I called my daughter to ask her what was wrong because her texts had not been “quite” right. Blubbering with sorrow, she told me that Phyllis had been carried off in the night and was surely dead. Through tears and sniffles, she said that the worst part was imagining Phyllis’s horrible death and the fear she must have felt.
Ah, you might think her grief was for the death of a relative or a victim of the atrocities of war taking a human toll in Ukraine. And you would be right to think that. I wake up every morning to the news, conjuring up such horrible visions in my head.
But no, this wasn’t about that.
Phyllis was my daughter’s pet chicken. Before you sigh, let me say that while a chicken is hardly a human casualty, like those reported daily in the news, love and anguish has room for all the life that we hold dear. My daughter raised Phyllis and Isabelle, two bantam chickens–one silky, one curly–from the time they were chicks. She has had them a decade or more. They sat on her lap, followed her around the yard and, for several years, laid tiny little chicken eggs.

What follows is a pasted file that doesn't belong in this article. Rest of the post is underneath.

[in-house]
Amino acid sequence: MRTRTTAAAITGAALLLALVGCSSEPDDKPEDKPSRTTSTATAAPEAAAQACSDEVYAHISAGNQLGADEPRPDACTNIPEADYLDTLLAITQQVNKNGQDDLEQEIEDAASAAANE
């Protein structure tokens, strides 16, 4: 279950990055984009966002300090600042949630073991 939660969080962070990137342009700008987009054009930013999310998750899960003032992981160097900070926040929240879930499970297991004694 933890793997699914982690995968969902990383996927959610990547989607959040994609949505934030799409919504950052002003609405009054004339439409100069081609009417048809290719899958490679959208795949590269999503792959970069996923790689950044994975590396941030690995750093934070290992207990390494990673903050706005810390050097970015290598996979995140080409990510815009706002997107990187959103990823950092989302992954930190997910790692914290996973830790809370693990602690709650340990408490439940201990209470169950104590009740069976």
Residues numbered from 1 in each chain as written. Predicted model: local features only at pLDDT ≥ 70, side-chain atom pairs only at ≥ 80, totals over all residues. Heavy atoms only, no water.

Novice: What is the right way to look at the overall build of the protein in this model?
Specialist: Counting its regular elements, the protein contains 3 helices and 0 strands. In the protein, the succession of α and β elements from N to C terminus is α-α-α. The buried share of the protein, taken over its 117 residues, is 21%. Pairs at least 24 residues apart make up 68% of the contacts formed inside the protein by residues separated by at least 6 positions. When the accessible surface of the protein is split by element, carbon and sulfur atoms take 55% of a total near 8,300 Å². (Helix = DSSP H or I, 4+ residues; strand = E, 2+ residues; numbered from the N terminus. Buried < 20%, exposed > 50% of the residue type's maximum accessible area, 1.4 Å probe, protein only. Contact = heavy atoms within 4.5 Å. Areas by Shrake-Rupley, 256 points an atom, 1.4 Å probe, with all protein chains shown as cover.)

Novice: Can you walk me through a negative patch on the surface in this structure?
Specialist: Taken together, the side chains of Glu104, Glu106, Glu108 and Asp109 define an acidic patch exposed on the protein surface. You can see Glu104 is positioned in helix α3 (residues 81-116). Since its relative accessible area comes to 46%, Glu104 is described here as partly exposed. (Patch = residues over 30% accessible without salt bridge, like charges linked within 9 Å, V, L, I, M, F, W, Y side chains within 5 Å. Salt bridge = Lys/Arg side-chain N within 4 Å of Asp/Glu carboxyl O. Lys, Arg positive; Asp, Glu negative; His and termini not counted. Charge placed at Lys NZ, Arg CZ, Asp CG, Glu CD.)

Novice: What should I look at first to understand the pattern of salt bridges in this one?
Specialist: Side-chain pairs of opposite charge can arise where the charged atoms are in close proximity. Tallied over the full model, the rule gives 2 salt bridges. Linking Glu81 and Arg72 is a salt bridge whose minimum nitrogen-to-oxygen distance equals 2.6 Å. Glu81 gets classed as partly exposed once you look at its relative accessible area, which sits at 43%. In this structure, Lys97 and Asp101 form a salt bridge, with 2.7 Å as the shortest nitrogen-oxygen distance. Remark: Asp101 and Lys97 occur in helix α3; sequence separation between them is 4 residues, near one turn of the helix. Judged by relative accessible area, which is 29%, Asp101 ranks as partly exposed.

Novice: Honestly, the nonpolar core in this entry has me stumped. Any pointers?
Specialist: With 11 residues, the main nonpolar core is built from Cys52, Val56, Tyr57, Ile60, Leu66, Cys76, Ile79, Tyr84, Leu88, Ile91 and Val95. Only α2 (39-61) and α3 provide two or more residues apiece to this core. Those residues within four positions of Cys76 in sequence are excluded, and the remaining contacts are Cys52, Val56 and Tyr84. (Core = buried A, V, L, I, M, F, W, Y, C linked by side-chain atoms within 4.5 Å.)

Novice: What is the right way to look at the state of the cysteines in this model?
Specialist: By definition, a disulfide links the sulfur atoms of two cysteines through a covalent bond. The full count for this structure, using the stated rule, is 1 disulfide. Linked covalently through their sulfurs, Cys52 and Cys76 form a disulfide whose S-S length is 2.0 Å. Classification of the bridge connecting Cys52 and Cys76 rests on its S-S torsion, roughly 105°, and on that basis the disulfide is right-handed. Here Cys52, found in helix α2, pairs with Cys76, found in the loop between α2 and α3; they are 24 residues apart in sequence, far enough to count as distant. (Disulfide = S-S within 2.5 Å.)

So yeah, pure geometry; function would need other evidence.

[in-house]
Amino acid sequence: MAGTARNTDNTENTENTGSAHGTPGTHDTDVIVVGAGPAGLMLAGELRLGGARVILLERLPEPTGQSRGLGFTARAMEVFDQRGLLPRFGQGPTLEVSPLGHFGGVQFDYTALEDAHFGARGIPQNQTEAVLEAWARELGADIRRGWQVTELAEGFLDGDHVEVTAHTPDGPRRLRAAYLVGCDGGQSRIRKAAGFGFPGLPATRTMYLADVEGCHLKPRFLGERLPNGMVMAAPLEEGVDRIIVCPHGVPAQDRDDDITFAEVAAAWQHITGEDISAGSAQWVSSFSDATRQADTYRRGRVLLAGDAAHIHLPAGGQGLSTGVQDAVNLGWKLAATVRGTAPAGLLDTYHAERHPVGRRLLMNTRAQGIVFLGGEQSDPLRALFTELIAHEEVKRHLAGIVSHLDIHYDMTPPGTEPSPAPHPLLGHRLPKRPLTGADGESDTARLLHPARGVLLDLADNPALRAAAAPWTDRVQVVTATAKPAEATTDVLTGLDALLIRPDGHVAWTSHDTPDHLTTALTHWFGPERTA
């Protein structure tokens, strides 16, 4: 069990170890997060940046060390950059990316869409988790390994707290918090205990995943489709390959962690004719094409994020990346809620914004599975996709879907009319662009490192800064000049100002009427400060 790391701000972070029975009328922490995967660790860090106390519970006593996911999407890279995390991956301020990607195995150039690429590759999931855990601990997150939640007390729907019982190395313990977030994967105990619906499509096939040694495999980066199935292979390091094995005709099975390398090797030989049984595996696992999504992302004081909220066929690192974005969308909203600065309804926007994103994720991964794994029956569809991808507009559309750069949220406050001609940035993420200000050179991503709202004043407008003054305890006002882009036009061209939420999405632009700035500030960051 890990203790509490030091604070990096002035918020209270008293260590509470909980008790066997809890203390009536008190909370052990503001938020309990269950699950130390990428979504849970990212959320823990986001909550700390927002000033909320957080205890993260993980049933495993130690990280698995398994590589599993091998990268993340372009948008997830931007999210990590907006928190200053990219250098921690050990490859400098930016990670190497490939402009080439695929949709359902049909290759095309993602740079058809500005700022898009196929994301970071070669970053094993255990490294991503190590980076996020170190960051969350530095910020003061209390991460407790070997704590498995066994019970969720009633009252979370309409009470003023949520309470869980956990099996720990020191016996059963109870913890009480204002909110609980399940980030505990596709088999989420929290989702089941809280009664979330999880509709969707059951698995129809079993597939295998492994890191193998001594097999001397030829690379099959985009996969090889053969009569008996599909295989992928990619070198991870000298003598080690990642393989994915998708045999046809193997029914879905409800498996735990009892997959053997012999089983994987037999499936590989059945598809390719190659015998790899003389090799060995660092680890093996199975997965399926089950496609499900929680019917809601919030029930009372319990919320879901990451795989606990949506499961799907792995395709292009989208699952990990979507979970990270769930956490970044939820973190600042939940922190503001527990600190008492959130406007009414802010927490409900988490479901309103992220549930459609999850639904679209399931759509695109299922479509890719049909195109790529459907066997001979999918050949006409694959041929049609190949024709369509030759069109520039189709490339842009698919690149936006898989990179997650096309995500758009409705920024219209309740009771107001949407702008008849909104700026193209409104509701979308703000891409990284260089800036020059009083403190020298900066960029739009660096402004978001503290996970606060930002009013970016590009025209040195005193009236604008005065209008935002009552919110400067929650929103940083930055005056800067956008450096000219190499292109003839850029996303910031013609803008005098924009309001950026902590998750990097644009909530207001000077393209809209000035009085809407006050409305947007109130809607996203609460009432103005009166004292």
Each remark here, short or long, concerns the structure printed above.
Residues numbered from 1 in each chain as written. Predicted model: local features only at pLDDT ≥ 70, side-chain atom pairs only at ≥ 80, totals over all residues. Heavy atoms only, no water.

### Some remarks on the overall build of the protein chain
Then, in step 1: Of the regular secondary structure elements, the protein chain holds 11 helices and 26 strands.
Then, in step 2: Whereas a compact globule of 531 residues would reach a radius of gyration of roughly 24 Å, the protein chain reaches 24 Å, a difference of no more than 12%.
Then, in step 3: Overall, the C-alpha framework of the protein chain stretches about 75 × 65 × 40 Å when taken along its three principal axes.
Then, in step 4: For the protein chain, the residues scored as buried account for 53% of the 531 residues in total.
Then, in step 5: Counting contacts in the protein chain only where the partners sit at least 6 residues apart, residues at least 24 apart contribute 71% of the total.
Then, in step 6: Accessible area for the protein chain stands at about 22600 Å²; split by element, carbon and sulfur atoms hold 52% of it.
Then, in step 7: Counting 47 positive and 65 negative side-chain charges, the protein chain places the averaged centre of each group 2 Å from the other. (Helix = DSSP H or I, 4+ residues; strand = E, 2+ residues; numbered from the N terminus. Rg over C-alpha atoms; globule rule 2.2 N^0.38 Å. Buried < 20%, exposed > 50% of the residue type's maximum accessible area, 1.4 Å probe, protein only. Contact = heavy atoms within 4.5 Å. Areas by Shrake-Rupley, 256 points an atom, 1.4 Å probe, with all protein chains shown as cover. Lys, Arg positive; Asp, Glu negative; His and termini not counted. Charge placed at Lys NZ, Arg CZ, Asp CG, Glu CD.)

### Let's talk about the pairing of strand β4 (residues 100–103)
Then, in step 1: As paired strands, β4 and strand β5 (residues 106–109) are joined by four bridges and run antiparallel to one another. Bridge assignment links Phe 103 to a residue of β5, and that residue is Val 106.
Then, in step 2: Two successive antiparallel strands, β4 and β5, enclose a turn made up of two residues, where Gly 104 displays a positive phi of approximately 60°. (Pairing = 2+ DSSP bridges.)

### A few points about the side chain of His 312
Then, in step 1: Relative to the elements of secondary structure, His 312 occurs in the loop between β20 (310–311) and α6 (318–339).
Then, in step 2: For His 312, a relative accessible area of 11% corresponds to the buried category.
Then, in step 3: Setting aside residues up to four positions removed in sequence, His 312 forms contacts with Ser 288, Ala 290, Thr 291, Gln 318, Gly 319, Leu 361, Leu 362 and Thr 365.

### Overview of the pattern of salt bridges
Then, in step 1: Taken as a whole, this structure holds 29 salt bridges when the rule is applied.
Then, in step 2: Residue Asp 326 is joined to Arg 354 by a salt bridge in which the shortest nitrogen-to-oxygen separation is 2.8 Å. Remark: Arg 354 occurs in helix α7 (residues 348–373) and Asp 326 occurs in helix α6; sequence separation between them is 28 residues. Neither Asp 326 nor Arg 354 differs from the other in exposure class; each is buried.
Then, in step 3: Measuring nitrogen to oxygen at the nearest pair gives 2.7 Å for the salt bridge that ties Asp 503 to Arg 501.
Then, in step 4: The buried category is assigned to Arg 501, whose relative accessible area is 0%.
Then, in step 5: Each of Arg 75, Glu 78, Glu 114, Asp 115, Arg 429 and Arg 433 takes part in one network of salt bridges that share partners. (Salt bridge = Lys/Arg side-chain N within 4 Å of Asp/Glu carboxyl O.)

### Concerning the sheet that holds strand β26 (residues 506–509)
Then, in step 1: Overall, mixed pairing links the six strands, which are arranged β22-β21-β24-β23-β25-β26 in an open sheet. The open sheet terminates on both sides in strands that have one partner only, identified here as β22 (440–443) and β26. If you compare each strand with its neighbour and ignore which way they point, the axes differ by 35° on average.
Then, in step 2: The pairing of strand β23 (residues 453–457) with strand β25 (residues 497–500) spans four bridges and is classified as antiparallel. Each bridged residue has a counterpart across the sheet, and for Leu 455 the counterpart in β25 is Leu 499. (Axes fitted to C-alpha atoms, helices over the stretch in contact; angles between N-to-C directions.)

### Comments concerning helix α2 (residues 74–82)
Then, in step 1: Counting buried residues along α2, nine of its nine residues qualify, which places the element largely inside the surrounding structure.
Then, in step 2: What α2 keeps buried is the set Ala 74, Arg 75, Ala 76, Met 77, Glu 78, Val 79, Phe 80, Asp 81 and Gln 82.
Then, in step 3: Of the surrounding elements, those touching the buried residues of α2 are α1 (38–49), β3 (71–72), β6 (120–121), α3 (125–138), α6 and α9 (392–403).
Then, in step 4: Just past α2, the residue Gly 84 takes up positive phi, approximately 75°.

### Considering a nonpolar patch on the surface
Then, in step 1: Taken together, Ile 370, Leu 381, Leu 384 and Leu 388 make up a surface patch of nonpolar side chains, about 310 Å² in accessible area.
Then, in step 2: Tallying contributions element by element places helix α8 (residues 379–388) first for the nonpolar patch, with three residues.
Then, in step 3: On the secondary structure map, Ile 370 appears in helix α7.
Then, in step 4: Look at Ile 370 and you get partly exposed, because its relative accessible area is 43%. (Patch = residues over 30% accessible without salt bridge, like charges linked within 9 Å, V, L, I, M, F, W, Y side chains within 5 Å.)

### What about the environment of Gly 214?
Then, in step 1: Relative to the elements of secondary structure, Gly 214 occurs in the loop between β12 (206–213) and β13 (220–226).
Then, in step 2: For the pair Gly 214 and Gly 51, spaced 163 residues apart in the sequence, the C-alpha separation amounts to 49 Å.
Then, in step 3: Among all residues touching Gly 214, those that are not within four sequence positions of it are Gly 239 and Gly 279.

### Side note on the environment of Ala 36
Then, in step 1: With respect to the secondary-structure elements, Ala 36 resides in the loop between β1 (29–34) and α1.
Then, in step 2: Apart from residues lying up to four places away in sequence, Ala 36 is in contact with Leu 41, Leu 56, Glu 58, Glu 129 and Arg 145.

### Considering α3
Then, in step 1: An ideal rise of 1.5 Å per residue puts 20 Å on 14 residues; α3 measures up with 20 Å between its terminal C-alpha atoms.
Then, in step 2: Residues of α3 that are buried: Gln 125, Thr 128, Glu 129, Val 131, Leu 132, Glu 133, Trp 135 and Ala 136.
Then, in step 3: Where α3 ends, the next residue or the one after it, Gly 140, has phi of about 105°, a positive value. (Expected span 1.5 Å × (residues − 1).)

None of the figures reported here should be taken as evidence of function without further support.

Now Isabelle, somewhat demented, roams around lost without Phyllis. We have to keep her inside the house in a crate at night to keep her warm. She has lost her ability to be a chicken without Phyllis.
Winter is coming and the people of Ukraine, the Syrians still in camps, and the rest of suffering humanity awaits the cold and prays for a warm bed to sleep in and an end to the rain of death that has become part of their daily existence.
I can feel my daughter’s sadness over the loss of Phyllis.
I hope the world can feel the pain of those who need our help.